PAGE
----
The World Cup group stage draws to a close on Friday – but what has been Qatar’s success so far?
Were those scoreless first innings special?
In total, 24 of the club’s 48 games ended without a goal at halftime.
To understand this, this is eight percent more than the previous World Cup since 2002.
Perhaps the most notable trend at this World Cup has been stoppage time – lots of it. The players added 563 minutes in the group stage – that’s more than nine hours, or six games of regular time.
England took part in the longest game in their 6-2 win over Iran, with 27 minutes added to the standard 90 – the best extra time in the group.
They are killing giants
Another trend so far has been big disappointments, with underdogs often defeating the Goliaths of world football. Quantifying the number of disappointments is difficult. However, by using FIFA’s global rankings we can use a scale model.
Using these rankings, Saudi Arabia’s 2-1 win over Argentina will be the most difficult World Cup so far, with the Middle Eastern side sitting at the bottom of the FIFA table with 48 points.
Cameroon won 1-0 against Brazil (-42) followed by Ghana’s 3-2 win over South Korea (-33), Australia 1-0 Denmark (-28), Tunisia 1-0 France (-26), Belgium 0 -2 Morocco (-20), South Korea 2-1 Portugal (-19), Japan 2-1 Spain (-17) and Germany 1-2 Japan (-13).
Scoreless at halftime, low scores?
Let’s use this in order. First: shooting. As is the case in the Premier League, the number of shots is decreasing, which is due to a greater emphasis on patient motivation and showing better scoring opportunities.
In Qatar, we have averaged 22 shots per game, which is the lowest we have recorded from our records.
Unsurprisingly, the same limitation applies to shots on target, with at least eight per game this winter.
However, when it comes to actual goals scored, this World Cup is among them – at least in six tournaments since 2002 – a testament to the patience of the game to create good angles on goals.
As for the players, Marcus Rashford is tied for three goals by Kylian Mbappe, Alvaro Morata, Cody Gakpo and Enner Valencia – but the Manchester United striker is the standout among those who played just 107 minutes.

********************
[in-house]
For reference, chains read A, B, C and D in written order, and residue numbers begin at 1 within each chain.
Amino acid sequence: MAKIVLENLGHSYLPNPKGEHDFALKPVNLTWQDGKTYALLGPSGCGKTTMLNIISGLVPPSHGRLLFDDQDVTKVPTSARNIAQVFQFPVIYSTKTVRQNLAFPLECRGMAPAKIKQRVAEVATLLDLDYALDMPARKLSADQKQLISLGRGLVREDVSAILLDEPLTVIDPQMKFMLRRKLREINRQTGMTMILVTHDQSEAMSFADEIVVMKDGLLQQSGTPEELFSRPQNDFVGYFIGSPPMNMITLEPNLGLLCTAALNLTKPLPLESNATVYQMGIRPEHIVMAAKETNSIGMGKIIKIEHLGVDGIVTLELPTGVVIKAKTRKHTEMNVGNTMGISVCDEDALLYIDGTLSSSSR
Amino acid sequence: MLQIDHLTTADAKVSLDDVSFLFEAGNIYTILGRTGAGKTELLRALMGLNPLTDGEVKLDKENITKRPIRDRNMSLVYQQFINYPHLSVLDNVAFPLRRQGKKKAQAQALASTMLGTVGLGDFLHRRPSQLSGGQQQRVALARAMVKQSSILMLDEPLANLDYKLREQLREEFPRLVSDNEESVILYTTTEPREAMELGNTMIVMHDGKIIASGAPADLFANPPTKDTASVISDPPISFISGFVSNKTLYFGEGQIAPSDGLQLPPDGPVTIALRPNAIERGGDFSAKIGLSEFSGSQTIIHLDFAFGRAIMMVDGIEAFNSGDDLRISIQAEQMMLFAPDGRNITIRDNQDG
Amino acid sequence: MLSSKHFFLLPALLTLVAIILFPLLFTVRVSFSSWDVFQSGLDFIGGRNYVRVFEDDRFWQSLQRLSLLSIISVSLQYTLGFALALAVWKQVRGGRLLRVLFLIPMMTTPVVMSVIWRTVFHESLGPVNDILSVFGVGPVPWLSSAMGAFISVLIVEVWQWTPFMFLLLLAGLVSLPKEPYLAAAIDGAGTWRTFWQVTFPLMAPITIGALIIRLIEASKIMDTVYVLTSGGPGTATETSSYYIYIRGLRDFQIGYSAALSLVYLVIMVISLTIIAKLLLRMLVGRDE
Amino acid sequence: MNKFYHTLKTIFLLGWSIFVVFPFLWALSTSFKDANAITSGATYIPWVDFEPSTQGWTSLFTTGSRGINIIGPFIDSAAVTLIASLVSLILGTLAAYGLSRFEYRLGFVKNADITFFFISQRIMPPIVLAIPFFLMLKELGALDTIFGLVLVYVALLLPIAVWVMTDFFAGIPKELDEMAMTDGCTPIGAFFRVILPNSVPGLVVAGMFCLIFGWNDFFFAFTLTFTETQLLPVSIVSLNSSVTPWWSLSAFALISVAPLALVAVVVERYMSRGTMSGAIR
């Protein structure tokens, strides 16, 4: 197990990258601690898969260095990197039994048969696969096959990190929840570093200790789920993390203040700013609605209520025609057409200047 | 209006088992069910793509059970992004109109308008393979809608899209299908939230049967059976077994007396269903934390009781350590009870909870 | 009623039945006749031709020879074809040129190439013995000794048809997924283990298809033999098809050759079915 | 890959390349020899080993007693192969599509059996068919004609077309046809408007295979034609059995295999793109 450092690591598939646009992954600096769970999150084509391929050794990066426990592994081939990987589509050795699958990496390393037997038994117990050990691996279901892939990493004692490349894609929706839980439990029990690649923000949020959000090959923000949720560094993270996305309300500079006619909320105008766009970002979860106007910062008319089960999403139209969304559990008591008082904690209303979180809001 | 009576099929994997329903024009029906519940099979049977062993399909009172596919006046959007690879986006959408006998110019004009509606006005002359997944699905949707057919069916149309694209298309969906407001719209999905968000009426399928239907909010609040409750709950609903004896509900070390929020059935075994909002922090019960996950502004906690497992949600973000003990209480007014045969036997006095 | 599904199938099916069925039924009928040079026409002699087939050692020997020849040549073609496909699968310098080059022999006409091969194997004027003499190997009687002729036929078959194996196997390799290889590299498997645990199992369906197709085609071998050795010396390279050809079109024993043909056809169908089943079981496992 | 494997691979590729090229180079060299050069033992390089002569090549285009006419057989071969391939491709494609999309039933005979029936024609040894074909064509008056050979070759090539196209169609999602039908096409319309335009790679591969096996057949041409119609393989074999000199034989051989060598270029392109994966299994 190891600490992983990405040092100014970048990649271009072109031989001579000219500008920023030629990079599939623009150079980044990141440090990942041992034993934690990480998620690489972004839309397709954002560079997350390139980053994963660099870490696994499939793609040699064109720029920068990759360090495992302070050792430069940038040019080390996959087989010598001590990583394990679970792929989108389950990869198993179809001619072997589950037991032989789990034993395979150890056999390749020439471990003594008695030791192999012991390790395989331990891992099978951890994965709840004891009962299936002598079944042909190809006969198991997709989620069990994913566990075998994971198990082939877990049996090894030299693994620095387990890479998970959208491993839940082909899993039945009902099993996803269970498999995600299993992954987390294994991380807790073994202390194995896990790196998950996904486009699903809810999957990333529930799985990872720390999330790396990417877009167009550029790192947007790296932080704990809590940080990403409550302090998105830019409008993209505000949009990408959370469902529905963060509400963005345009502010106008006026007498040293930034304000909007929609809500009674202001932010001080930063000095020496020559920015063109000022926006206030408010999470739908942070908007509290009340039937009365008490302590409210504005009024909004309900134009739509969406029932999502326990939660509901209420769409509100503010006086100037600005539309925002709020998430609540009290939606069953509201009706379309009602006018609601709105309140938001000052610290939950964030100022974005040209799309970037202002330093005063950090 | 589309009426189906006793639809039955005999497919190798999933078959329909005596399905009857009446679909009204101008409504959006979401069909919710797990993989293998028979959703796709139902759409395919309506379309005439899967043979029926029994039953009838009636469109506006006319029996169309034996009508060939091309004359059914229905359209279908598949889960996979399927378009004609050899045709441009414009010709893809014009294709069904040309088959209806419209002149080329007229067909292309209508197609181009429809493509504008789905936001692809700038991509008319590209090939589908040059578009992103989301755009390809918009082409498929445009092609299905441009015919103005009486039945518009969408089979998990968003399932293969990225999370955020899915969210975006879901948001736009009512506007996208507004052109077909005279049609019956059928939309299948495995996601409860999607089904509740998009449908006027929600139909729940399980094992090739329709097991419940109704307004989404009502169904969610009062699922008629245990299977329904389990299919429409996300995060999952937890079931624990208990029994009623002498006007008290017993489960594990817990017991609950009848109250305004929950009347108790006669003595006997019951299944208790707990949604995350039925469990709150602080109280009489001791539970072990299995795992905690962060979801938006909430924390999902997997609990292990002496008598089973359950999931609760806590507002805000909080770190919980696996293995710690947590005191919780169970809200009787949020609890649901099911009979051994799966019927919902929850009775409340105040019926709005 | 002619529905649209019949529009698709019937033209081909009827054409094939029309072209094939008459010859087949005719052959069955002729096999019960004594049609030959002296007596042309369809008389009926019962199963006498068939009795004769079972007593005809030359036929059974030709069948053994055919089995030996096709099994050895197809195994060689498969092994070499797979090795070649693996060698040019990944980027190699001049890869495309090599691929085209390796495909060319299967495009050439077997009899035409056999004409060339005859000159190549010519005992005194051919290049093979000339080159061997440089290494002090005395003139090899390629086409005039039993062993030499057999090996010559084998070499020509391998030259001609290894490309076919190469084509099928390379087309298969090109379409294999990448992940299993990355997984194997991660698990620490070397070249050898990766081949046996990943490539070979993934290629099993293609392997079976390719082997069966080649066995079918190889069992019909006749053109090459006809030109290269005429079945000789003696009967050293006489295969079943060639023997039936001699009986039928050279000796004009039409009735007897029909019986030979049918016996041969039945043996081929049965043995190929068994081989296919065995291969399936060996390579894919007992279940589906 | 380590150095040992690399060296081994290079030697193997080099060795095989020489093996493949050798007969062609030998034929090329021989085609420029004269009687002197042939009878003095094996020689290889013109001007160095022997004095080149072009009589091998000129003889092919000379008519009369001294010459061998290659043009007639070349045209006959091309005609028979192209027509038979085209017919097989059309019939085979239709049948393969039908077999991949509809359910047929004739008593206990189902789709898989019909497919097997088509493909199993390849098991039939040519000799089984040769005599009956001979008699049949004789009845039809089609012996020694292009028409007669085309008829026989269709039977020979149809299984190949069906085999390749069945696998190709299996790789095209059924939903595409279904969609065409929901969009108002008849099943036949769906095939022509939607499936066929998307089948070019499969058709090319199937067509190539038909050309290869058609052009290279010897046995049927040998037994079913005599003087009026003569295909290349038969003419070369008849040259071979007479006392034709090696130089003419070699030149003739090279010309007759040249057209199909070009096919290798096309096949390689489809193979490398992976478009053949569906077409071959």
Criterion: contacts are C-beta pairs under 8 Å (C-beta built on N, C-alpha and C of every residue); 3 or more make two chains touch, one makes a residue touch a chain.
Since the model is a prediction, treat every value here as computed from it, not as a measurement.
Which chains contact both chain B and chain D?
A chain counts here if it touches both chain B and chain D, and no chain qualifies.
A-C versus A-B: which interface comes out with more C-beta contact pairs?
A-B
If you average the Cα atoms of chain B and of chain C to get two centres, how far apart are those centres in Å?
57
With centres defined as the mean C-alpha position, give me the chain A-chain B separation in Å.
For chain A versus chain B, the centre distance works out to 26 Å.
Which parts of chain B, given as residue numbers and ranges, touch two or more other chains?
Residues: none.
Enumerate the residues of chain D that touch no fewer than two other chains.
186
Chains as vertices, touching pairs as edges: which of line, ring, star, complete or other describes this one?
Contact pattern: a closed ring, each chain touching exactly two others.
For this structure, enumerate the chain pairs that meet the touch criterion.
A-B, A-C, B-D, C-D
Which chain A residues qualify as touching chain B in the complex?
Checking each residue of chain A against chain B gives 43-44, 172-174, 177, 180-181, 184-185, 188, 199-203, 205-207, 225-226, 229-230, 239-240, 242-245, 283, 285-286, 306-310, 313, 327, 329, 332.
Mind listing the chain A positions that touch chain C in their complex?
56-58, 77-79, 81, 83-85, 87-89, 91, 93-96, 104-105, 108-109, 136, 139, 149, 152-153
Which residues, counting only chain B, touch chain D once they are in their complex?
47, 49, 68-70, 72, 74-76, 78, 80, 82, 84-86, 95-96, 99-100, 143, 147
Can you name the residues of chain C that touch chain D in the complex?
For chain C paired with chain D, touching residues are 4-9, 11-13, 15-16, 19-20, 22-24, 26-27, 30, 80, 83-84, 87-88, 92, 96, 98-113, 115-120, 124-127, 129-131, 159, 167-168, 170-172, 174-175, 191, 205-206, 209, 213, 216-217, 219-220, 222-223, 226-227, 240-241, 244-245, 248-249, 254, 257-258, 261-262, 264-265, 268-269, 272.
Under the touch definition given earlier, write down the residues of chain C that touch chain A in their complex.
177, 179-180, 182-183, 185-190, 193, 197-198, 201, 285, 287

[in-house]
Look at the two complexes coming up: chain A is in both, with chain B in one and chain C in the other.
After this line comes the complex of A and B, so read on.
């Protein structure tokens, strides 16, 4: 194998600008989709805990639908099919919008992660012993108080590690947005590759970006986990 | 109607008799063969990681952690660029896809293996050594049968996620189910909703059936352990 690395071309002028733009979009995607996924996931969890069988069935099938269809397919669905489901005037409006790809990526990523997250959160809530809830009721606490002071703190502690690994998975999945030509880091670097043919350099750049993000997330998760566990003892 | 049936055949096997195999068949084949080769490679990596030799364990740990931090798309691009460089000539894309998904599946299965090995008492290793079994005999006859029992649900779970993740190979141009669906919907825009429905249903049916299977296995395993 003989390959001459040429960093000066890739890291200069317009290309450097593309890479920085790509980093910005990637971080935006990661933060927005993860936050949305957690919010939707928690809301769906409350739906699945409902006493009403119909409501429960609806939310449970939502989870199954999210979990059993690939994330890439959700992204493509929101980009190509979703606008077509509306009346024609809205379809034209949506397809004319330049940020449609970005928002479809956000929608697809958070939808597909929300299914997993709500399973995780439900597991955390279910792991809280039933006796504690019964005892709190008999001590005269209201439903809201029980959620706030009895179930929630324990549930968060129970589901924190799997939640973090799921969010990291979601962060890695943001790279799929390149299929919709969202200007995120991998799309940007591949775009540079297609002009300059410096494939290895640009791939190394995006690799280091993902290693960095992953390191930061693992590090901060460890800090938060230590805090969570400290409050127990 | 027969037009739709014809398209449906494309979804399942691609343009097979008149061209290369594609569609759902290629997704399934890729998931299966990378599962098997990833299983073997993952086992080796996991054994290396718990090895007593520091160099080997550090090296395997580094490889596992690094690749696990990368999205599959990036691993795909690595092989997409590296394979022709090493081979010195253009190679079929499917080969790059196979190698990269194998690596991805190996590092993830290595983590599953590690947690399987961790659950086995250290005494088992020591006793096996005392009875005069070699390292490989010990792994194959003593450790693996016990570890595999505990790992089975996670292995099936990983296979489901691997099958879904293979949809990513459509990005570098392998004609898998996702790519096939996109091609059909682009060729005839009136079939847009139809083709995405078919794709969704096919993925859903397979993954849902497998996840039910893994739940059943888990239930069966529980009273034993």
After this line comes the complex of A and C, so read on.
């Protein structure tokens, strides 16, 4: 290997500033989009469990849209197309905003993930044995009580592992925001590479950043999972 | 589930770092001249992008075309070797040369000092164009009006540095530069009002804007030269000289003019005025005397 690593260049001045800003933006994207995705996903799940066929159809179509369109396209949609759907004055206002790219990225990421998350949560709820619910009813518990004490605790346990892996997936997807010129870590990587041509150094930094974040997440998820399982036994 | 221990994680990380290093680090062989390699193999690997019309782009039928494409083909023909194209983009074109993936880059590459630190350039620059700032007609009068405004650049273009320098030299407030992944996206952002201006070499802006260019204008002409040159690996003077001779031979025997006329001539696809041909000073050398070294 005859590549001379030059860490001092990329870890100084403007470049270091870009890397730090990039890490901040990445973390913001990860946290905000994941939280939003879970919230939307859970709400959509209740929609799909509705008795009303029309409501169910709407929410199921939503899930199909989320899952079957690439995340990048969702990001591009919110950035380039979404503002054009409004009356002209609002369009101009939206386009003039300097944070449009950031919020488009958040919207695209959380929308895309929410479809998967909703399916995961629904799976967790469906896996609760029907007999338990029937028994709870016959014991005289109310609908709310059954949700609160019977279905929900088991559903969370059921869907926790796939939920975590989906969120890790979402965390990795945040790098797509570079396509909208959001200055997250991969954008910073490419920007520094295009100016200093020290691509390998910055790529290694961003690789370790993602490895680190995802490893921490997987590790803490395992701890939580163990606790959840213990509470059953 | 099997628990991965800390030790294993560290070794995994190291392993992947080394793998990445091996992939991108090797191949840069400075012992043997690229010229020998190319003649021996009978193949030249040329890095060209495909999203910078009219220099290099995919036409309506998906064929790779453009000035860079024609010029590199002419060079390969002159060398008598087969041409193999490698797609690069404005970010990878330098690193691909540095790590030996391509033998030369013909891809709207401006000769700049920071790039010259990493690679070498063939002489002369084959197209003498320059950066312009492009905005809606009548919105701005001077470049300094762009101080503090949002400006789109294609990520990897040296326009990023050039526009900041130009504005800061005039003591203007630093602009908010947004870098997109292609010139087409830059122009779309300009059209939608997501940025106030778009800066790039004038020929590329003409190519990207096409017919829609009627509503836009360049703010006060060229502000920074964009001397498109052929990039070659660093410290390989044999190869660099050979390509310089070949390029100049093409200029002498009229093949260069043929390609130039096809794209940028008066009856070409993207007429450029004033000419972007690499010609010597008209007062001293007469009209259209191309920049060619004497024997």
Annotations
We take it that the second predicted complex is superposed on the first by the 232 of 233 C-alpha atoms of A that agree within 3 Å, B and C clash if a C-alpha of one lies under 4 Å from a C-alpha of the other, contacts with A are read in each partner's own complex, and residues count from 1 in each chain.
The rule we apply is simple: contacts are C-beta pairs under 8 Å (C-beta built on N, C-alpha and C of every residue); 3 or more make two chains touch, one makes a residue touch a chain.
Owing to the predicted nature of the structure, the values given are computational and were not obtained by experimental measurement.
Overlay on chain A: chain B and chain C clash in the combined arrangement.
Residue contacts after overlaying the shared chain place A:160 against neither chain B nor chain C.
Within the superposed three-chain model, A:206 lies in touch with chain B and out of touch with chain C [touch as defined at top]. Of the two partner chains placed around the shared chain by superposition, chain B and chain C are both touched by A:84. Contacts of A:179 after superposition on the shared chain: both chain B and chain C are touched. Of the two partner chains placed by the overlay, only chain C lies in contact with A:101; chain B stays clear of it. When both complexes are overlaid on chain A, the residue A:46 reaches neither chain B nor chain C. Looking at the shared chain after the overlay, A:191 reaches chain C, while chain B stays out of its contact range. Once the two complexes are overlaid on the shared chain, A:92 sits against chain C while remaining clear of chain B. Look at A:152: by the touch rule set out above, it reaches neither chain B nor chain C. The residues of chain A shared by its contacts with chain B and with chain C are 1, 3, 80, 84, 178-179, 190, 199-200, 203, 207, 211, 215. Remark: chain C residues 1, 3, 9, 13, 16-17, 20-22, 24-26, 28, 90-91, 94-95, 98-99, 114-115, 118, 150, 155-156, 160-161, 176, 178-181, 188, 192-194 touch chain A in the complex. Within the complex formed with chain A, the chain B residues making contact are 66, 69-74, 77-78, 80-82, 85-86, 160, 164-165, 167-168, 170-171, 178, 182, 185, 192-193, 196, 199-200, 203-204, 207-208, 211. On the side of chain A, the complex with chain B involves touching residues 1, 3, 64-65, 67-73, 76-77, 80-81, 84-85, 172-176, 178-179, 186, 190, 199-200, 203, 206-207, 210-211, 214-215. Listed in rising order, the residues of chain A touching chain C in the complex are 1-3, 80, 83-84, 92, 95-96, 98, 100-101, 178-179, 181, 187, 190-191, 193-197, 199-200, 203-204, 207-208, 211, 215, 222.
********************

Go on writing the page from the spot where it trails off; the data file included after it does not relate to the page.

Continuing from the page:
Meanwhile, the Netherlands and Manchester United who want to exchange Gakpo has fired every shot on target, while Valencia also showed clinical with only four correct attempts before Ecuador entered Group A.
Tiki-taka is back!
Pass-masters Spain are showing tiki-taka and Luis Enrique’s side have recorded 2,489 group stage wins in Qatar – that’s 735 more than any other team.
As the chart below shows, there have been almost 800 passes per match at this World Cup – continuing a 20-year upward trend. Of course, the long suspension has contributed to the increase this year.
Spanish midfielder Rodri leads the way with the longest pass – almost 153 from the leading passer, John Stones. However, Spain’s Pedri and Argentina’s Rodrigo De Paul and Lionel Messi are at the top of the distribution in the final third.
The negatives and reds are decreasing
Perhaps the highlight of Qatar’s group stage was the only two red cards shown in 48 games.
In explaining this, one reason for the drop in penalties seems to be the number of fouls that are occurring, about 24 per game – the fewest since our records began.
The number of yellow cards was the lowest in 2014. This year, it remains at an average of just three per game.
But, in terms of elimination, unsurprisingly, the competition has a very low ratio with two reds equaling only 0.04 per game.
Wales international Wayne Hennessey and Cameroon’s Vincent Aboubakar were the only players on the scoresheet – the former was sent off after Mehdi Taremi was sent off in the 84th minute before his replacement, Danny Ward, scored twice in a 2-0 defeat to Iran. .
Netherlands defender Denzel Dumfries and Tunisian forward Issam Jebali were the ones to commit the fouls – each making 10, while 14 players received two yellows in Qatar.
At the moment England are recording a huge number of points, which we have been recording since Italy ’90. Southgate’s side have scored 66 percent, which is more than 10 percent higher than their most recent campaign in 2010.
They also have three goals in every game – boosted by their 6-2 win over Iran, which doubles their previous World Cup tally in the last 32 years. Additionally, their xG ratio has been on the rise since the turn of the millennium, now hitting 1.77 per game.
England have also pushed higher, passing routes that start at 47.8m from their goal line which is almost four meters higher than in 2018 and is behind only Germany in the tournament in Qatar.
England to face Senegal on Sunday | France or Poland in the QFs? Spain in SFs?
England face Senegal in the last 16 of the World Cup on Sunday after qualifying from Group B.
The game kicks off at 7pm UK time on December 4.
England’s path to the World Cup finals has now been set following the conclusion of their group stage.
If Gareth Southgate’s side progress Senegalwill play the winners of Group D on Saturday 10th December France or Group C final Poland.
Had they reached the semi-finals, England would have been on Wednesday December 14, where their arch-rivals were. Morocco, Spain, Portugal or Switzerland.